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Can Agile Principles Promote Equity?

The values of Agile are underpinned by a belief in people and that complex problems are solved through collaboration and teamwork. Agile ways of working also contain the tools and techniques organizations must use to build diverse, equitable and inclusive workplaces. However, context is everything; just like within the wider society, an Agile organization can still contain bias and unequal practices, if not challenged. Being an Agile business doesn't automatically ensure equity, but it holds the answers. By embracing an Agile mindset, organizations can acknowledge and adjust imbalances and, by doing so, enhance business success.

What is business agility?

In today's complex and uncertain world, organizations seek more resilient, innovative and adaptive working methods. No matter the industry, companies around the globe now require pace and business agility to remain competitive. Traditional business processes and operating models must be faster and able to respond to the disruption and digitalization that now characterizes modern life. To deliver value at speed, organizations recognize a need to evolve their ways of working, and the pursuit of agility sits at the heart of this business goal.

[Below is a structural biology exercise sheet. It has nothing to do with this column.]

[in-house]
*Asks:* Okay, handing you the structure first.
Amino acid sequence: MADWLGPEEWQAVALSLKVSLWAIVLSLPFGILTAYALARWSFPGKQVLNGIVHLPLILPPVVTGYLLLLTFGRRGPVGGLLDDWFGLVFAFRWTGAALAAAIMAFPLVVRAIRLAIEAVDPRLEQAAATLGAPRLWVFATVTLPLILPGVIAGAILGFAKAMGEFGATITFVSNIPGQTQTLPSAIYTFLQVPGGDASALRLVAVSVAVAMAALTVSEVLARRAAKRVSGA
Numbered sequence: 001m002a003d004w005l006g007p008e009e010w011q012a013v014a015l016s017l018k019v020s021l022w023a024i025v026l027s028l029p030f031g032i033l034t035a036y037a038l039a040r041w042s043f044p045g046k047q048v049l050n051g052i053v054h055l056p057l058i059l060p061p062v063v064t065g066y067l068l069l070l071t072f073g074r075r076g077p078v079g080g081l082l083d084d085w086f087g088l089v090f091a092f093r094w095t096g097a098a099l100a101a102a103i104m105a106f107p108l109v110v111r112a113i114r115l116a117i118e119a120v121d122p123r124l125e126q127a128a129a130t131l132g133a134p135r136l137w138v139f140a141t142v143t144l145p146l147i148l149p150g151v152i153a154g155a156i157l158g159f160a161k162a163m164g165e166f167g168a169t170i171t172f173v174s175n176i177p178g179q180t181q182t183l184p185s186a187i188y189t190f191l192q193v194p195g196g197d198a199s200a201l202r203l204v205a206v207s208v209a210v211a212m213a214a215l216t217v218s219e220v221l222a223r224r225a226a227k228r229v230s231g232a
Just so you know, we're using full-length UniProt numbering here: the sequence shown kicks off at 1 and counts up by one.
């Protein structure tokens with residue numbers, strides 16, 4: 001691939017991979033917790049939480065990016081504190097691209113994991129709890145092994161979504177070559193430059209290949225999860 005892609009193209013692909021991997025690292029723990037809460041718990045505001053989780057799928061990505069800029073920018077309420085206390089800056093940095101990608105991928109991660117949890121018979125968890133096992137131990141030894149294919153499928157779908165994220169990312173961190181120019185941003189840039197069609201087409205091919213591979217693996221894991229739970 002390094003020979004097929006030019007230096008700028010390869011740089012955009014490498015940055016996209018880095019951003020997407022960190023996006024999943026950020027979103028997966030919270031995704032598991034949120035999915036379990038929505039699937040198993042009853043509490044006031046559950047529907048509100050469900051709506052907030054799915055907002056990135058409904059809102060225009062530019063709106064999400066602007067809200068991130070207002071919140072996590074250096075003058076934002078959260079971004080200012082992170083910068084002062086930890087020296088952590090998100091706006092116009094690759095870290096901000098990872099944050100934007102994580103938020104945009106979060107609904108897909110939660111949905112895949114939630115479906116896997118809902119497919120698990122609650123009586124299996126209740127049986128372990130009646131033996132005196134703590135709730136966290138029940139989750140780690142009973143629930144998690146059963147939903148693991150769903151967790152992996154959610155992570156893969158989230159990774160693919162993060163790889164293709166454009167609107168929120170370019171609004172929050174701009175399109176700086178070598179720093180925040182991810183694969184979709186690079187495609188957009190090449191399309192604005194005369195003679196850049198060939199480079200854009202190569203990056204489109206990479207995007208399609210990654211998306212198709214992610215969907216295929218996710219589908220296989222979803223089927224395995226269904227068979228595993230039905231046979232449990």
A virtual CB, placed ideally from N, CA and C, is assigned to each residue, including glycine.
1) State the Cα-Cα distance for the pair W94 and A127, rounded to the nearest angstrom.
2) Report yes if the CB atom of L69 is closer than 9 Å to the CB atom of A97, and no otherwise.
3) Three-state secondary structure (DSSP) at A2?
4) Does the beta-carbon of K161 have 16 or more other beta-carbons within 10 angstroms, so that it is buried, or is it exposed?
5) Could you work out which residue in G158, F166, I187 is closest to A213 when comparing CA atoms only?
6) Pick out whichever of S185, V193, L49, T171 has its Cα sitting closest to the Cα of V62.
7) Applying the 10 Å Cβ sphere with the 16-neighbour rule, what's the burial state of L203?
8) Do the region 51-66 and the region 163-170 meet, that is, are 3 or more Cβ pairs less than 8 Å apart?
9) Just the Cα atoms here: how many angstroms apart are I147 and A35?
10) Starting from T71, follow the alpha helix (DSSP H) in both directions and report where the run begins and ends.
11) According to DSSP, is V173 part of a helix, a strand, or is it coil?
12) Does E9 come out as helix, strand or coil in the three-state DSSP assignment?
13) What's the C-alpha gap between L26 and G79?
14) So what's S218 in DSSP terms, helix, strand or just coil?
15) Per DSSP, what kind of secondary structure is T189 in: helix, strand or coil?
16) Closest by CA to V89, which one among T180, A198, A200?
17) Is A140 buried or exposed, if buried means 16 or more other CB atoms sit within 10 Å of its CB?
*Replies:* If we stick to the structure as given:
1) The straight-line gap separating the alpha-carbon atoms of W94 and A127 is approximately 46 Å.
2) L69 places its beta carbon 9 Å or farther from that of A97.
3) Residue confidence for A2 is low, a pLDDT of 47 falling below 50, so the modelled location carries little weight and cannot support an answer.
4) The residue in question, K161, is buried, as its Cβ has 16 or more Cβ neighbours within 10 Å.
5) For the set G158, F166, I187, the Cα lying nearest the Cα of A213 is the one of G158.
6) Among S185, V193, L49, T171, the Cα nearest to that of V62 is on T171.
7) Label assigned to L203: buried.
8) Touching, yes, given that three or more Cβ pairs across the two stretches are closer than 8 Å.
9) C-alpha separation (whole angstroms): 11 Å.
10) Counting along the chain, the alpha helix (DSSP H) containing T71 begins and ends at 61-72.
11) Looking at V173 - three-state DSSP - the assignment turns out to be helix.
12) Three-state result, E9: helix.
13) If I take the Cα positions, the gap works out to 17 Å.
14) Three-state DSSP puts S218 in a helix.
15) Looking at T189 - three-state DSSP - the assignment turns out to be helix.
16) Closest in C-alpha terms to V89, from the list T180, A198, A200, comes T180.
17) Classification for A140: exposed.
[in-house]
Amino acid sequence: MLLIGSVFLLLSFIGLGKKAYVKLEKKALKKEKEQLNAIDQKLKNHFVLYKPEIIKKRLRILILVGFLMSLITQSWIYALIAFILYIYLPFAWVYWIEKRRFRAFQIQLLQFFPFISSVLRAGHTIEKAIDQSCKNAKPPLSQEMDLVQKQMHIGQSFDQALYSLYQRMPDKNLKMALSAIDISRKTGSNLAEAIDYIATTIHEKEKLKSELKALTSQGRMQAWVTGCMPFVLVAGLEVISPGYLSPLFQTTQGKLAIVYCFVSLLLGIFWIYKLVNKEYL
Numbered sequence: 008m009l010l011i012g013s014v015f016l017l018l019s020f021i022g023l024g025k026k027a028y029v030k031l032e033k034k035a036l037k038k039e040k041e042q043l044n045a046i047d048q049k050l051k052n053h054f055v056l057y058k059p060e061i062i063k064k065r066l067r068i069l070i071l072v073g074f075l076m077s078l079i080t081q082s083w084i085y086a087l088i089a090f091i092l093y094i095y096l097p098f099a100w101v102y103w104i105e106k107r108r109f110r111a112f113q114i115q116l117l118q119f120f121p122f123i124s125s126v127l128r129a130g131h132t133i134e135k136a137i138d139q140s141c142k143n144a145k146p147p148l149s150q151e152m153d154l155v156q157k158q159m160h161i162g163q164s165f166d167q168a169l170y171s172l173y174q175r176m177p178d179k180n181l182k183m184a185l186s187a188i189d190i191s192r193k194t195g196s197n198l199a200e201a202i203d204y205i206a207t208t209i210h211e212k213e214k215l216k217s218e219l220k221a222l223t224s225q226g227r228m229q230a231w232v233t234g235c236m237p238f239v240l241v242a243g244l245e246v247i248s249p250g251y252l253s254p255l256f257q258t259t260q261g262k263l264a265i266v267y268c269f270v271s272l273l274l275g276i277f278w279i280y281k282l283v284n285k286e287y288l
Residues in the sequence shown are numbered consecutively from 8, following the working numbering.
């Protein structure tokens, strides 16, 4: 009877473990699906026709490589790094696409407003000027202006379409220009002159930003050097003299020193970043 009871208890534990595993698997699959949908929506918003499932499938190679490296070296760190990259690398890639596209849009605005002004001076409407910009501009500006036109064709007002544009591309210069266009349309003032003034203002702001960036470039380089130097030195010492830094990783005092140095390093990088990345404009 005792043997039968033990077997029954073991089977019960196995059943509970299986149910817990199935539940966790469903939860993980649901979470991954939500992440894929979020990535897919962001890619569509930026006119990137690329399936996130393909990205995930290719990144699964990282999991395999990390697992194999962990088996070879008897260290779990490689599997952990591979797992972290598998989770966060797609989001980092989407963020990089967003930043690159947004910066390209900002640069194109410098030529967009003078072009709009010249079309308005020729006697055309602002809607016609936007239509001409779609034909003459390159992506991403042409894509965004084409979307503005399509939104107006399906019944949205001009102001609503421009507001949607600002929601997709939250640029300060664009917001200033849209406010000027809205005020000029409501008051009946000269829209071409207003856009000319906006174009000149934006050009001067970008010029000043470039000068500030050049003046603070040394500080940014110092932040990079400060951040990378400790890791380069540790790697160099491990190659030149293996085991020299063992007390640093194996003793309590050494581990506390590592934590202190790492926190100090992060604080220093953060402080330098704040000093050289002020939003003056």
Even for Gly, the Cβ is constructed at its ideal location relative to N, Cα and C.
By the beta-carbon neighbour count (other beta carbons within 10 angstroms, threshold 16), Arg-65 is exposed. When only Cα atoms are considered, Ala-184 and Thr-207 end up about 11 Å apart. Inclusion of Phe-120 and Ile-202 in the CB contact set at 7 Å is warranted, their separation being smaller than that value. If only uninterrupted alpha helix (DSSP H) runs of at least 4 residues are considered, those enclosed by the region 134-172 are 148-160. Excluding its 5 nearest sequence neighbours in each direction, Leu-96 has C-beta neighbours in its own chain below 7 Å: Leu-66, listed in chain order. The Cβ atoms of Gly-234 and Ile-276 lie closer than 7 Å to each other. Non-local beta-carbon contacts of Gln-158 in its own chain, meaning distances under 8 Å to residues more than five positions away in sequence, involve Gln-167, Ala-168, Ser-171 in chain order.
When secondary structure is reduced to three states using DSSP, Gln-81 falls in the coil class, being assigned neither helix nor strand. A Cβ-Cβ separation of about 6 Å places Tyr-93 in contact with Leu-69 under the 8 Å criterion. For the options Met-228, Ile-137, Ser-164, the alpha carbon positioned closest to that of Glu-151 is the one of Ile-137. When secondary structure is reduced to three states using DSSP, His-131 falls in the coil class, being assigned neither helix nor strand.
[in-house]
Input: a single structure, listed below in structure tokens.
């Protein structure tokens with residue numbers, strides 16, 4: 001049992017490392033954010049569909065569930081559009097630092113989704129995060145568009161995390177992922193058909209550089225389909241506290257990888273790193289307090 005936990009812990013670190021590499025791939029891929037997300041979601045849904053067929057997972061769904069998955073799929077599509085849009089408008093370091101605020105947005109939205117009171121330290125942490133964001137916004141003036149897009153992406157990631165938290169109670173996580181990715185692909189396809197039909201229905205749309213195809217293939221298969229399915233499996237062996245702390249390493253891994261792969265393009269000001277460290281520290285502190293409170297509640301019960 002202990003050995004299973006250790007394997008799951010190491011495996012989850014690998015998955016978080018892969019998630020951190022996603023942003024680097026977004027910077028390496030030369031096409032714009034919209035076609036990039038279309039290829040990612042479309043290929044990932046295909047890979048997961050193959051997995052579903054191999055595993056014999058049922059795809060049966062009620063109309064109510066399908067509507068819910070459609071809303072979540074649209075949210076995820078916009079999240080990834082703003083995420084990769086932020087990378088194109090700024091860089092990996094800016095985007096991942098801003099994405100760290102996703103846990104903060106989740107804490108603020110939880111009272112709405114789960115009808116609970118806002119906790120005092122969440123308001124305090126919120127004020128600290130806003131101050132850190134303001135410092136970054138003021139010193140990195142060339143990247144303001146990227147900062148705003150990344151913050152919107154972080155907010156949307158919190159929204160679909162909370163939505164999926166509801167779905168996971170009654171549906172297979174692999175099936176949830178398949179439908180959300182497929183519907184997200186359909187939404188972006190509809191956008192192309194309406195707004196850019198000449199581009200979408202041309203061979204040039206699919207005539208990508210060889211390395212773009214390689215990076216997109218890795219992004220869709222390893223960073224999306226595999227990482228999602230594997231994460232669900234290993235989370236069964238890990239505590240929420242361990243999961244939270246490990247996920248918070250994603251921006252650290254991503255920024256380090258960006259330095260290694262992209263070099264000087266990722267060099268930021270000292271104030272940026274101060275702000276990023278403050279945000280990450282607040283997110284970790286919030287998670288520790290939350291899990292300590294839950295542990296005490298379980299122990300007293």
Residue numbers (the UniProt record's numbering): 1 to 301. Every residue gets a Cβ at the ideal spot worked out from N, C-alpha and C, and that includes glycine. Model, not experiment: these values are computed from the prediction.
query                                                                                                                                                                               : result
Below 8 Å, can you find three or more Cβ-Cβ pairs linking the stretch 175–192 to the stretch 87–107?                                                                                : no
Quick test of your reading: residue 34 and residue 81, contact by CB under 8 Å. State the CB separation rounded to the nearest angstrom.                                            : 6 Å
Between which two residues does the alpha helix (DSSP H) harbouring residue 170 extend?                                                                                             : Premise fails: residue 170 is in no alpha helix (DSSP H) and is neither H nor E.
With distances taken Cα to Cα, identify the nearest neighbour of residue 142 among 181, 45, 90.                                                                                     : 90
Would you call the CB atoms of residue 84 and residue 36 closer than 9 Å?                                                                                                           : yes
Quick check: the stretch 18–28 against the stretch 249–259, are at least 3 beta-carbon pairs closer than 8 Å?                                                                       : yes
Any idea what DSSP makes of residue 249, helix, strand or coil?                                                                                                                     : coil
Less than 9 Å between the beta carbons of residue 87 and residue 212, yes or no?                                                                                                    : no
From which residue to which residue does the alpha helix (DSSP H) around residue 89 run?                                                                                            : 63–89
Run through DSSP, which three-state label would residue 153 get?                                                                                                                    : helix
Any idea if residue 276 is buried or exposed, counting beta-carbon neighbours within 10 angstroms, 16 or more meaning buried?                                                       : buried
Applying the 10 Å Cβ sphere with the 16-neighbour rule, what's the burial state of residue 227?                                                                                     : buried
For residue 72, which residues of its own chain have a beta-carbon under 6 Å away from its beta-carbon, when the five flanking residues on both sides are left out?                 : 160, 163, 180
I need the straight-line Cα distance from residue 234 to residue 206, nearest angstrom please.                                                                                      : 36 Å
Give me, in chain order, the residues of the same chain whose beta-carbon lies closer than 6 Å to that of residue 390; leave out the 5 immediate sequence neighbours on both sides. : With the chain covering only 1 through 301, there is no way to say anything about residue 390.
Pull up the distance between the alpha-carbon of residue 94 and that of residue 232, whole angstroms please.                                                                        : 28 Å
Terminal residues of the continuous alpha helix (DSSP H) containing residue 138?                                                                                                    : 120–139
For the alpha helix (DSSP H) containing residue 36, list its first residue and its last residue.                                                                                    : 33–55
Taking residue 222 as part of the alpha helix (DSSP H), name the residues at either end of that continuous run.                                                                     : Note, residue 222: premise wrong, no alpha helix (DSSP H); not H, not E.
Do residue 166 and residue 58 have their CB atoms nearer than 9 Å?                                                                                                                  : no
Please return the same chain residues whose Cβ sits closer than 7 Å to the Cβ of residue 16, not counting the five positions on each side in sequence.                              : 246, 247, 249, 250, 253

People over process

The essence of Agile is to place your customer at the heart of everything you do and incrementally deliver value through a feedback-driven loop of plan, do, review, adapt. The key to adopting this Agile 'virtuous cycle' and rapidly responding to customer needs is to work in multifunctional teams rather than individual siloes. Instead, these teams have all the skills necessary to complete the project phase. Moving at pace, we trust these teams to self-organize and use visualization techniques to collaborate and make transparent, real-time decisions. Some tools and frameworks that enable these ways of working, such as Scrum and Kanban, are now commonplace.